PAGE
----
BeginnerEarly Stages for Beginners8 Topics
Forex Terminology11 Topics
- Major and Minor Currency Pairs
- Basic Forex Terminology
- Pips & Ticks
- The Broker & The Spread
- What is a Lot?
- Stop Loss & Take Profit
- Margin & Leverage
- Retracement & Reversal
- When Can I Trade Forex? Sessions - Market Open and Close
- 3 Types of Analysis (Technical, Fundamental, Sentiment)
- 3 Ways a Market Can Go (Up, Down, Sideways)
Margin & Leverage2 Topics
Personal Psychology Questions2 Topics
Psychology for Beginners7 Topics
IntermediateIdentifying Scams2 Topics
Brokers for Beginners5 Topics
Technical Analysis13 Topics
- Types of Charts
- Understanding Japanese Candlesticks
- Candlestick Patterns For Beginners
- Single, Double & Triple Candlestick Patterns
- Support and Resistance
- Confluences w/ Candlesticks & Support & Resistance
- Counter Trend Trading/ Counter Trend Lines
- Moving Average
- Top-Down Analysis
- Consolidation Trading (Breakout, Retest, Continuation)
Market Structure5 Topics
CompletionRisk Management for Beginners8 Topics
Fundamental Analysis9 Topics
AdvancedUsing Indicators6 Topics
Technical Analysis (Part 2)8 Topics
Types of Charts
Forex charts are graphical illustrations that show us the movement of prices between two currency pairs. Our job as traders is to study price movement through these charts, which will in turn help us identify the best trades to take, as well as manage our risks safely. Charts are visual, and you’re able to customize yours to best suit your style!
There are several types of charts in Forex, but the 3 main ones, which are the most important to know, are:
- Line Charts
- Bar Charts
- Candlestick Charts
A line chart is the most straightforward chart in Forex. It simply connects the closing price of currencies in any given period. So all you see is a historical pattern of closing prices.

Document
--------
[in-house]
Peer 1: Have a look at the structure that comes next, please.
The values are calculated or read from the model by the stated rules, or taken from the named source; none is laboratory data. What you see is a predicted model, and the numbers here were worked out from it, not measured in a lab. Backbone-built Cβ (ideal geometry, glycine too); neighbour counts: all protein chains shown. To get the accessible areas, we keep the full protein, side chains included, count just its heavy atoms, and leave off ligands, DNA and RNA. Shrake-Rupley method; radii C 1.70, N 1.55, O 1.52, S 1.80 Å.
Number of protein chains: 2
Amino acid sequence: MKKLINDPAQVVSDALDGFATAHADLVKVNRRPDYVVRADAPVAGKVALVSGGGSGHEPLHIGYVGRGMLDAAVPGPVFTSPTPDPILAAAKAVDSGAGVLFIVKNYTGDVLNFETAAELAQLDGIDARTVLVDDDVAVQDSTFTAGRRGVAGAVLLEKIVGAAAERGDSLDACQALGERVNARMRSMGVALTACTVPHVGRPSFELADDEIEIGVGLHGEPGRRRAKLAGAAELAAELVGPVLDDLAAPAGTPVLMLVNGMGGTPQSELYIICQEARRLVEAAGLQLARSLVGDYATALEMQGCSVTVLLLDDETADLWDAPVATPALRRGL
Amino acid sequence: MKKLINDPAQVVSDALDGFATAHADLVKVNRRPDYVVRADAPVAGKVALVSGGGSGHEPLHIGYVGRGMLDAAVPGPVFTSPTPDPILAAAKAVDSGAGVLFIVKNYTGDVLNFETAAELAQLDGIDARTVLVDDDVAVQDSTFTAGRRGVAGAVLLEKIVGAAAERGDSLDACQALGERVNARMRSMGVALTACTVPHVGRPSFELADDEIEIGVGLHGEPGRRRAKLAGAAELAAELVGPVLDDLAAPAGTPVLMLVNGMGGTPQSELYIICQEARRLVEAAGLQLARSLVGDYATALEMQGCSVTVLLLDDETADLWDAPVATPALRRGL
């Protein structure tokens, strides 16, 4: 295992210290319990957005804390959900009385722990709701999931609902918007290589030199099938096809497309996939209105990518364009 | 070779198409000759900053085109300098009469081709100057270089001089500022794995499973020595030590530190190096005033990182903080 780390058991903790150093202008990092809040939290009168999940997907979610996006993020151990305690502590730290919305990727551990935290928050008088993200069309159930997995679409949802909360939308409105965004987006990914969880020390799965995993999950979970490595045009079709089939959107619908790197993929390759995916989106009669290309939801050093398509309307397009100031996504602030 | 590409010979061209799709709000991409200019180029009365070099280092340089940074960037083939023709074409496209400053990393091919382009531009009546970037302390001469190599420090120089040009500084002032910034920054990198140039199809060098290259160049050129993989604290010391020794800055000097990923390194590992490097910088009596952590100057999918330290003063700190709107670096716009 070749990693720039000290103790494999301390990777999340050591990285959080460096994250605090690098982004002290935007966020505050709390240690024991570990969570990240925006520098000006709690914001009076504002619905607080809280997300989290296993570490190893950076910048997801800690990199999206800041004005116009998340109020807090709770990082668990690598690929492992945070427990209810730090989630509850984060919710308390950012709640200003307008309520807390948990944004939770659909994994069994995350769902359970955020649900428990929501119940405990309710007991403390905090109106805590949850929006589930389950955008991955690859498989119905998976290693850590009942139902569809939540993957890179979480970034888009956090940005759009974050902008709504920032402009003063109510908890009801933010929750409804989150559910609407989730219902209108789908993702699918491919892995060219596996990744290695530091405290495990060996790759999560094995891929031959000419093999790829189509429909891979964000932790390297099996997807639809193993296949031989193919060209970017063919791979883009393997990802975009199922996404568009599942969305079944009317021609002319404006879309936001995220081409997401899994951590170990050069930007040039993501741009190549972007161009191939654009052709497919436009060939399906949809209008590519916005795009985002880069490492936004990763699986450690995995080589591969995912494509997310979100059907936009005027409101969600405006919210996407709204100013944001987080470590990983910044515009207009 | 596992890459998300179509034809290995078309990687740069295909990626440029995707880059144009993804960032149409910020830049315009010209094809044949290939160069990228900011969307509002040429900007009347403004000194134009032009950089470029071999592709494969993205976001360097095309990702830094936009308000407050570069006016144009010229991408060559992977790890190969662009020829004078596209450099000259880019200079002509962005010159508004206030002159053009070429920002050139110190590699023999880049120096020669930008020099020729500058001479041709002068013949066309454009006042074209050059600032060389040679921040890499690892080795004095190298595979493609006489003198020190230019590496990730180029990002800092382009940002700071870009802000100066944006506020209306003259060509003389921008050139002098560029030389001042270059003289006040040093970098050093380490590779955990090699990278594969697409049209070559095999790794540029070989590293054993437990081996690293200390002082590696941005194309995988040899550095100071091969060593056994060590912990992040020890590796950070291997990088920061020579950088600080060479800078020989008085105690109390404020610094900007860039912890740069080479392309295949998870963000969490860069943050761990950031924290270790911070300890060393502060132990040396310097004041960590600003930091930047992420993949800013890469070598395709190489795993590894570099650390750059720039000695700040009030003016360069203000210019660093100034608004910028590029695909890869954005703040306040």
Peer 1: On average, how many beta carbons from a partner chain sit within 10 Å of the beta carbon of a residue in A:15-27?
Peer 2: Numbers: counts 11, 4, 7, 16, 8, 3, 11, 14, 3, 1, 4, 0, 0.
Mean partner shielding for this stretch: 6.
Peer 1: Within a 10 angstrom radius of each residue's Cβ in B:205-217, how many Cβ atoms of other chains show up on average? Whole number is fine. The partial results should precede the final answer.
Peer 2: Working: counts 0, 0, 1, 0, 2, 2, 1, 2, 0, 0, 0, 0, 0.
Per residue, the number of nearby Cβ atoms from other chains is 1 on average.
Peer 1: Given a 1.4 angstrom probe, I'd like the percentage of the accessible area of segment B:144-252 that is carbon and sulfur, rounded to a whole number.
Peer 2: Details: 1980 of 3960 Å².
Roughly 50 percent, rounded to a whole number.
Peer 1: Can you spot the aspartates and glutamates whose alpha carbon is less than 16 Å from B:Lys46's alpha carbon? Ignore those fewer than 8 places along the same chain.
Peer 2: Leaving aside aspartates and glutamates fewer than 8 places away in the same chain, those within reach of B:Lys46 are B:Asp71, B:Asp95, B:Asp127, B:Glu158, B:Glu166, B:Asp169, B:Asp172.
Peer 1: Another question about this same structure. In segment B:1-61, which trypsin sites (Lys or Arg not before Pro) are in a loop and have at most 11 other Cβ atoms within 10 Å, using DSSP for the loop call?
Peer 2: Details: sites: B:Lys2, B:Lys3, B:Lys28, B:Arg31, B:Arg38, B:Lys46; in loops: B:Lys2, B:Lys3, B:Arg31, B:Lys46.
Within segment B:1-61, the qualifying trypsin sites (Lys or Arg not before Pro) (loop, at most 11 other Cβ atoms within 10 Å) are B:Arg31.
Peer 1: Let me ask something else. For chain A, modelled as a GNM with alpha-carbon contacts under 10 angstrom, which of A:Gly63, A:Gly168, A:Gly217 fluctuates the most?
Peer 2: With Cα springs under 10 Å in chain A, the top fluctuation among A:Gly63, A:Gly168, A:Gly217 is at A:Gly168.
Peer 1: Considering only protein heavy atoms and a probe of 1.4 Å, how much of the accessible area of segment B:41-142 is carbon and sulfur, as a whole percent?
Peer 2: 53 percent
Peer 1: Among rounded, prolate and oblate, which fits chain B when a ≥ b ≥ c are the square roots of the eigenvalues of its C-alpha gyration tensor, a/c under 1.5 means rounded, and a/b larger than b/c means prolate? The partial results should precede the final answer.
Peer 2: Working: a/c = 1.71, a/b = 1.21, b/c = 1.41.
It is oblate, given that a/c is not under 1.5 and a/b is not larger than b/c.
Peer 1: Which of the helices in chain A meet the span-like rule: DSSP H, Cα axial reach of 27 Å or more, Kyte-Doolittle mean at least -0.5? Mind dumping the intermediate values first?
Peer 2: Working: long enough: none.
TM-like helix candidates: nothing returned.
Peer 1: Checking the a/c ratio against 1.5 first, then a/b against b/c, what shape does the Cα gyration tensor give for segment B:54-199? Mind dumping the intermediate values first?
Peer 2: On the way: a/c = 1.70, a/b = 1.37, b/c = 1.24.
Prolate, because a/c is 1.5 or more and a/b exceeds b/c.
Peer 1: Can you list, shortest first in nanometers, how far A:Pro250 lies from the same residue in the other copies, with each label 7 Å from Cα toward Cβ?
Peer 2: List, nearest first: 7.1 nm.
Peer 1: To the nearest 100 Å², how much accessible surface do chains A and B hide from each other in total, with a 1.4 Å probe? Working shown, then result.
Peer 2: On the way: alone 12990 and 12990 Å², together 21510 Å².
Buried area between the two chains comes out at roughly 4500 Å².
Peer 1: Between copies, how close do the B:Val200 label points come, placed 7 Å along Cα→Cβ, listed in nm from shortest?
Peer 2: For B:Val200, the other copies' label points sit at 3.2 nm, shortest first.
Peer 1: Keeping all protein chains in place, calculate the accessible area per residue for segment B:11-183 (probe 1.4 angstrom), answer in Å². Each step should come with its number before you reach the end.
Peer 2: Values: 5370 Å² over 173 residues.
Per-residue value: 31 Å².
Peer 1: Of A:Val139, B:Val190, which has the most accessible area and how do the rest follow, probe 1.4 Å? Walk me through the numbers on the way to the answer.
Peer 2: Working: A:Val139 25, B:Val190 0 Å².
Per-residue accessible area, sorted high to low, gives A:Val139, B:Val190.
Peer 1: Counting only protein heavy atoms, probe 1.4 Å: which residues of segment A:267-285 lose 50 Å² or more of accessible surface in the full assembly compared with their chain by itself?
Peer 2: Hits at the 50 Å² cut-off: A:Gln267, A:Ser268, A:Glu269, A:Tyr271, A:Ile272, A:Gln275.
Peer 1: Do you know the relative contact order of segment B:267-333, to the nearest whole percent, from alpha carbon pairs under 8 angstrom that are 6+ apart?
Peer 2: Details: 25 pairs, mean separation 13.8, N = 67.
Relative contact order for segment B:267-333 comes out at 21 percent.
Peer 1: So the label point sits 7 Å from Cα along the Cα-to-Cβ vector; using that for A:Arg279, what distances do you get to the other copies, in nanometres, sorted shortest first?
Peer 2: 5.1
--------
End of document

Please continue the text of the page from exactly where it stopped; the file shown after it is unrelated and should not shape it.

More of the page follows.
Lines charts are not popular, but traders can use them when they’re only interested in historical patterns of closing prices without viewing other cluttering data. So we can say line charts are best for giving us the big picture. Some traders think closing prices are more useful than the open, high, or low prices, depending on their strategies. Another use to these particular charts is being able to identify psychological levels. You can do so by using your rectangle tool, starting at one pivot point and connecting it to the next. You can then change your line chart back to a candle chart. The illustration below will give you an example of how a line chart would look on TradingView.
In the next illustration, you can see how this type of chart could help you in finding your psychological levels! I find it the most useful way to utilize these charts!
Bar charts are a little more detailed than line charts. You can also call them OHLC charts because they tell us the opening price, highest price, lowest price, and closing price. That wasn’t as hard as we made it sound, right? Let’s break it down!
For example, if you are looking at a 1-hour time frame, you will see the price at the start of that hour, the highest and lowest prices during that hour, and the closing price at the top of the hour. You can apply the same understanding when looking at other time frames. Here is an illustration:
The size of bars may increase or reduce depending on the price behavior during that session. A bar chart shows a series of individual bars for each trading session depending on the time frame you are watching. Traders who need more detailed information use bar charts for their analysis. You can set bullish and bearish bars to appear in different colors for easy identification. The illustration below will show you how a chart would look on TradingView.
Now we all know this chart! Candlesticks are the most popular charts in trading. Bar charts and candlesticks bring out the exact price information; the difference is that candlesticks are cleaner and more appealing to the eye. Forex candlesticks show us the high to low trading range vertically, from their highest to lowest points. They have a body like that of a real candle, which shows us the open and closing prices of the session. By studying the different colored bodies, we can depict bullish or bearish sentiments. The wick below or above candlesticks shows us the distance between the highest and lowest prices in relation to the opening or closing price of the session.
If you don’t like the traditional white and black candlesticks, you can change the color to anything you want, as long as it will help you withdraw from the market! For example, we like to substitute bulls with blue and bears with red.